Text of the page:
In this lesson, students generalize their understanding that a fraction can be interpreted as division of the numerator by the denominator. They interpret situations where a certain amount of pounds of blueberries is shared with a certain number of people when the pounds of blueberries each person gets is equal to 1, greater than 1, and less than 1. Then, they construct arguments about why an equation would make sense for any numerator and for any denominator. As they do so, they have a chance to use language precisely (MP6), explaining that the numerator \(a\) represents the number of objects being shared and the denominator \(b\) represents the number of equal shares.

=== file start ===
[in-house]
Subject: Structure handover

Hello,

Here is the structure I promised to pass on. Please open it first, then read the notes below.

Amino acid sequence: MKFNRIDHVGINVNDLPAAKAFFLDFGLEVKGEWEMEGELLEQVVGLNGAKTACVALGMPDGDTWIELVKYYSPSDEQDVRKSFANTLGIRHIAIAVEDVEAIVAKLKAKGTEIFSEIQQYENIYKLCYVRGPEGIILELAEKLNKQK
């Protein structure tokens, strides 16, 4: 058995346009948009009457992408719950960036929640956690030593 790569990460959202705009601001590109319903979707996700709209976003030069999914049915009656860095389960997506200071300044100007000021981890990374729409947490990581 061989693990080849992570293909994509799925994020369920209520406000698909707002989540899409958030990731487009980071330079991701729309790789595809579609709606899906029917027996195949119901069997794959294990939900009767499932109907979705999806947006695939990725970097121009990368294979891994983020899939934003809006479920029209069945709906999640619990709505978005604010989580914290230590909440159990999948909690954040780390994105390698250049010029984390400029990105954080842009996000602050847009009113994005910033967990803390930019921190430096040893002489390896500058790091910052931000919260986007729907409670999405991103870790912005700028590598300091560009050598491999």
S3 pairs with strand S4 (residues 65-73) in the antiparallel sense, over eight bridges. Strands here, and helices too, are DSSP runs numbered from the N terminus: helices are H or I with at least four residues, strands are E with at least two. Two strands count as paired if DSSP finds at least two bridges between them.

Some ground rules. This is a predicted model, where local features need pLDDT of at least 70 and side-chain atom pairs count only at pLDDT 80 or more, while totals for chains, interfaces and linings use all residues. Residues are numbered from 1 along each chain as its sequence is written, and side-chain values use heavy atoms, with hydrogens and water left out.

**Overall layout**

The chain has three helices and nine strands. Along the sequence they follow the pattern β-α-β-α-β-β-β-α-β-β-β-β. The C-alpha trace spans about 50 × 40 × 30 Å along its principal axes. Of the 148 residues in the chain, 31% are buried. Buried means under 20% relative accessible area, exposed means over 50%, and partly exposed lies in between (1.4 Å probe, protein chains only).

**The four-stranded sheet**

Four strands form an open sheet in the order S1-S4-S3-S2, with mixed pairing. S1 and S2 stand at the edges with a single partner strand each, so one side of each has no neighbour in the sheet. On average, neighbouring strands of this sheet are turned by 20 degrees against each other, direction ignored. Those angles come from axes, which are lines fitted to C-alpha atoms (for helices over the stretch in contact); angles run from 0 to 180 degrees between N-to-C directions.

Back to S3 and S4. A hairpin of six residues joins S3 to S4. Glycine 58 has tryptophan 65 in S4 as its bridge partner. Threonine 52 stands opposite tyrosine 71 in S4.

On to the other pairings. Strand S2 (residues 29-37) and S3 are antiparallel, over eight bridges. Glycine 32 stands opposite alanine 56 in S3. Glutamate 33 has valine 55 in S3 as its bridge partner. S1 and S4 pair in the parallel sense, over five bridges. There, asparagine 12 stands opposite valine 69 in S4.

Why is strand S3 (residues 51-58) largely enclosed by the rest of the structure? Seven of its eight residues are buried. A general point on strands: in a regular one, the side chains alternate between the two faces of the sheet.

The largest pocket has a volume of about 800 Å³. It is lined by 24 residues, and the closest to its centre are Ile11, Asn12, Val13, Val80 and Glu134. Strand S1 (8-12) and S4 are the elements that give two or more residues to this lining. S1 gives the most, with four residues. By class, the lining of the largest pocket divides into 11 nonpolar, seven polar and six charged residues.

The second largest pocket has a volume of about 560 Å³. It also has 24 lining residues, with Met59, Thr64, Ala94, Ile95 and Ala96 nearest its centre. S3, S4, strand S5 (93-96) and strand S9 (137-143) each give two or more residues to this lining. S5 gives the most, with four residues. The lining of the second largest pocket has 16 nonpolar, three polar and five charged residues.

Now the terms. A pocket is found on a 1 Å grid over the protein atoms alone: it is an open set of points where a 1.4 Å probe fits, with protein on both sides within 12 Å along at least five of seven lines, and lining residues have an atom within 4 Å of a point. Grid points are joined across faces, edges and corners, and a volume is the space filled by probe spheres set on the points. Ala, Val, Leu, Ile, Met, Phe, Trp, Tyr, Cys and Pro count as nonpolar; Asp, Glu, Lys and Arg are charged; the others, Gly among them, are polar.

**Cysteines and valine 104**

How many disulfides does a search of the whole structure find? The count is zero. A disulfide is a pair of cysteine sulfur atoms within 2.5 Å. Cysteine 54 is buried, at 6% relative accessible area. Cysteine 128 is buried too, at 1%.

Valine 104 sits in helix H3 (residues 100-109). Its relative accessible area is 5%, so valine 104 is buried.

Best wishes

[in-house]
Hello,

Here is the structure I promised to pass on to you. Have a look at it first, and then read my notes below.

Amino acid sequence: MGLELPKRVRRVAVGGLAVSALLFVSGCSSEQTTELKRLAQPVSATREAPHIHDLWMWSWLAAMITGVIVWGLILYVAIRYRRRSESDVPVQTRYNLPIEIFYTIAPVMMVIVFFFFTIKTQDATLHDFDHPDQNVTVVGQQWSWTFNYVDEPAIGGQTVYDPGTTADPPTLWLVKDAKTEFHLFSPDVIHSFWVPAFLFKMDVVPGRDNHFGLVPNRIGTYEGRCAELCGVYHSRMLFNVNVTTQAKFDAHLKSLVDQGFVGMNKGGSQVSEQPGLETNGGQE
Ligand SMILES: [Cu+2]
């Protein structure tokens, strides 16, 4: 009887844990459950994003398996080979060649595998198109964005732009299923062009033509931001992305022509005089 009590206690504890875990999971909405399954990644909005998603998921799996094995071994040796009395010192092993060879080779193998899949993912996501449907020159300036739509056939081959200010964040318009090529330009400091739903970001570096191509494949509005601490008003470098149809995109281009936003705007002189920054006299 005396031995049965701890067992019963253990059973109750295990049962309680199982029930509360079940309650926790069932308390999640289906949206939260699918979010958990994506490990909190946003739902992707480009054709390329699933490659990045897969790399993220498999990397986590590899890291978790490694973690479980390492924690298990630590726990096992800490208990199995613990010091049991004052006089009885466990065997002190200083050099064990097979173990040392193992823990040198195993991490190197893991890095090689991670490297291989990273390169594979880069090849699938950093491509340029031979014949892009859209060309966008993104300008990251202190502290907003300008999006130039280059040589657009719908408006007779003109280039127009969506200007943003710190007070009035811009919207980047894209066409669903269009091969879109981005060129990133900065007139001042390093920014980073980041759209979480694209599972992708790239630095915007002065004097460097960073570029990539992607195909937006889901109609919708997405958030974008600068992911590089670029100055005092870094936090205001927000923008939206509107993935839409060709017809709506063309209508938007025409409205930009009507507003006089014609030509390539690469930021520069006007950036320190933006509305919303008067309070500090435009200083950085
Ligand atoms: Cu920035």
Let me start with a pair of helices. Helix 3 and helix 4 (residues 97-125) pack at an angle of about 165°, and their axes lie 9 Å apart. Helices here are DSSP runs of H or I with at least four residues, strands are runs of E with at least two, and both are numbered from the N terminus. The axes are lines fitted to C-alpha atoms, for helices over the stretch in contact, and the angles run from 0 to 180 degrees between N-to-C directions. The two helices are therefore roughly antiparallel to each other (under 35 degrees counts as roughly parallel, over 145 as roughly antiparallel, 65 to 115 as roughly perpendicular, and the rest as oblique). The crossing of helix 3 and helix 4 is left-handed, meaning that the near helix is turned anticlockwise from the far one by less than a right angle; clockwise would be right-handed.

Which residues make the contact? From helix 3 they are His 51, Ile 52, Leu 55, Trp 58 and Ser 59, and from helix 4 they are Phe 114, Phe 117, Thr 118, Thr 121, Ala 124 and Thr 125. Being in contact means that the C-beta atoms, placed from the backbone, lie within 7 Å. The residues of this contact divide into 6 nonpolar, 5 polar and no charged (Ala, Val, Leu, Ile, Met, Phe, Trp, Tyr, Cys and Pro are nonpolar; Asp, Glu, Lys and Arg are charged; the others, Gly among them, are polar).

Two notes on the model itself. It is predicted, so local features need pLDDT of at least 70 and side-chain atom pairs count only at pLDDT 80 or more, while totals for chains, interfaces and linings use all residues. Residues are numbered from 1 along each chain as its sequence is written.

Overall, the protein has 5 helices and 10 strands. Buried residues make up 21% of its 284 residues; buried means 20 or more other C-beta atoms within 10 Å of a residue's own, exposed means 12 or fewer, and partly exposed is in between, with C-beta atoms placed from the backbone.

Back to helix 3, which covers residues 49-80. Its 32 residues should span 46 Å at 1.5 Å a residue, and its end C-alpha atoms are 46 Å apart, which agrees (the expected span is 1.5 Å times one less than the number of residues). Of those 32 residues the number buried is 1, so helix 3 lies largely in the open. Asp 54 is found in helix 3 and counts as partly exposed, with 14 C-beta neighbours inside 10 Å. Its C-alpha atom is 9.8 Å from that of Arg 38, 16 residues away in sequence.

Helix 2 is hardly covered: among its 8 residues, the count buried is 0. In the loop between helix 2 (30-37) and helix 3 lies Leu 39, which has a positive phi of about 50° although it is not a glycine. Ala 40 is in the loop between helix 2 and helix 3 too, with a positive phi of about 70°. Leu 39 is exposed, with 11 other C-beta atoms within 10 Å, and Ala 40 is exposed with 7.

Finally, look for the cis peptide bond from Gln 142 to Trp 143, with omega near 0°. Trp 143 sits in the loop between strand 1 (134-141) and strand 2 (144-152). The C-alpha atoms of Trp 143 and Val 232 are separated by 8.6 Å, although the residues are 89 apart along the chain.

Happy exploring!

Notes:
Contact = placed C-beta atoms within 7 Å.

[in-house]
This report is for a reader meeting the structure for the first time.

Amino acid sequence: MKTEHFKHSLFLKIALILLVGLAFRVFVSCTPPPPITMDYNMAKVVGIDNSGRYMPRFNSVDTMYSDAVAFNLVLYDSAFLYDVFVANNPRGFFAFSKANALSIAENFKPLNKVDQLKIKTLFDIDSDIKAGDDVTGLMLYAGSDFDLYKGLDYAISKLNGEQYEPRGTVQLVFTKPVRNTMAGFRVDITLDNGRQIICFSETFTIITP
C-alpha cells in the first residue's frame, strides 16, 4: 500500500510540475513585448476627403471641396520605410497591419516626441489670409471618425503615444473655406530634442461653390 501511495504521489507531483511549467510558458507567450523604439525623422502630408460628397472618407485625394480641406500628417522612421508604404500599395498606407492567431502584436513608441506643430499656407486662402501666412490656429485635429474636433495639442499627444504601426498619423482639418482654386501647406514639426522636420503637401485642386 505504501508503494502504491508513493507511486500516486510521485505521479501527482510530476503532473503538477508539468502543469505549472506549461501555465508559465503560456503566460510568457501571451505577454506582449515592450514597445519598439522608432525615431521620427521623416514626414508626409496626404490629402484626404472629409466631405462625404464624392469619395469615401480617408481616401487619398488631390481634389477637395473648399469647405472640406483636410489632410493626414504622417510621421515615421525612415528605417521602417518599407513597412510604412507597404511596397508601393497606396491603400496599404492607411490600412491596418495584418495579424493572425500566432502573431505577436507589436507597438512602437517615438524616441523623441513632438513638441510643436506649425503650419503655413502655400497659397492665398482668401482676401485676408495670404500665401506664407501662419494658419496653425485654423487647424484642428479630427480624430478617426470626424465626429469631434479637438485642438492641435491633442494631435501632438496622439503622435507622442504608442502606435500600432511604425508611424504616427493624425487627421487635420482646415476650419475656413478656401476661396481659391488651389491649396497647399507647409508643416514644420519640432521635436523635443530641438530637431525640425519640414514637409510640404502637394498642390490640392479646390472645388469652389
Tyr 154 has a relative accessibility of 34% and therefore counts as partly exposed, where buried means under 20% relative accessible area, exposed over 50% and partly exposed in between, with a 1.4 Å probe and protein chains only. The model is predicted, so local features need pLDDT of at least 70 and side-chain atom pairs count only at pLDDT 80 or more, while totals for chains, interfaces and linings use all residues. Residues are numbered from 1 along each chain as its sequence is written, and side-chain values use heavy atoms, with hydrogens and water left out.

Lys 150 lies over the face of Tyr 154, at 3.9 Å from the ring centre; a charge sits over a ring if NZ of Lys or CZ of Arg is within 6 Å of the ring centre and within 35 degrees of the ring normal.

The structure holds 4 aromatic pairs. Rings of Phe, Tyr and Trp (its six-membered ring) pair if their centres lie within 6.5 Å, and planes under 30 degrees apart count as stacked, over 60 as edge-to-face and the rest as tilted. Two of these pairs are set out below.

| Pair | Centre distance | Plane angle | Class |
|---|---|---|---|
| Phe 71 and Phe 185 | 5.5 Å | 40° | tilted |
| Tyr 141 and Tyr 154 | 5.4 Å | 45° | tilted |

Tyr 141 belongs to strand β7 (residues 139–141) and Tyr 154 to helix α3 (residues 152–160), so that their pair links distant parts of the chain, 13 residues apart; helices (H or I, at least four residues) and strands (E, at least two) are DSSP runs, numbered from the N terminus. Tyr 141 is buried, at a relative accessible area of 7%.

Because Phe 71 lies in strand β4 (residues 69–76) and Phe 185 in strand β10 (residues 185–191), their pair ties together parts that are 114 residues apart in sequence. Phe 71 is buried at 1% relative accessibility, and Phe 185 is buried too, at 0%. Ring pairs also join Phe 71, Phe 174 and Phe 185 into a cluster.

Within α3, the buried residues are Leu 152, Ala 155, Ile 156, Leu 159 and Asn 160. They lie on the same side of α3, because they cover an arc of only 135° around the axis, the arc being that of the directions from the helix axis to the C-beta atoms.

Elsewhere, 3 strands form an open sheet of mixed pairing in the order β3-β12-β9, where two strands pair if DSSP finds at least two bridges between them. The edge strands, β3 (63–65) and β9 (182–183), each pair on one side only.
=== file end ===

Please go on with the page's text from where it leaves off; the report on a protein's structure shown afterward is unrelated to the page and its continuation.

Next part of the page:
- Explain the relationship between division and fractions.
- Let's explain the relationship between division and fractions.
|Activity 1||20 min|
|Activity 2||15 min|
|Lesson Synthesis||10 min|
Teacher Reflection Questions
- Rolling for Fractions (3–5), Stage 3: Divide Whole Numbers (Addressing)
- Target Measurements (2–5), Stage 4: Degrees (Supporting)
Print Formatted Materials
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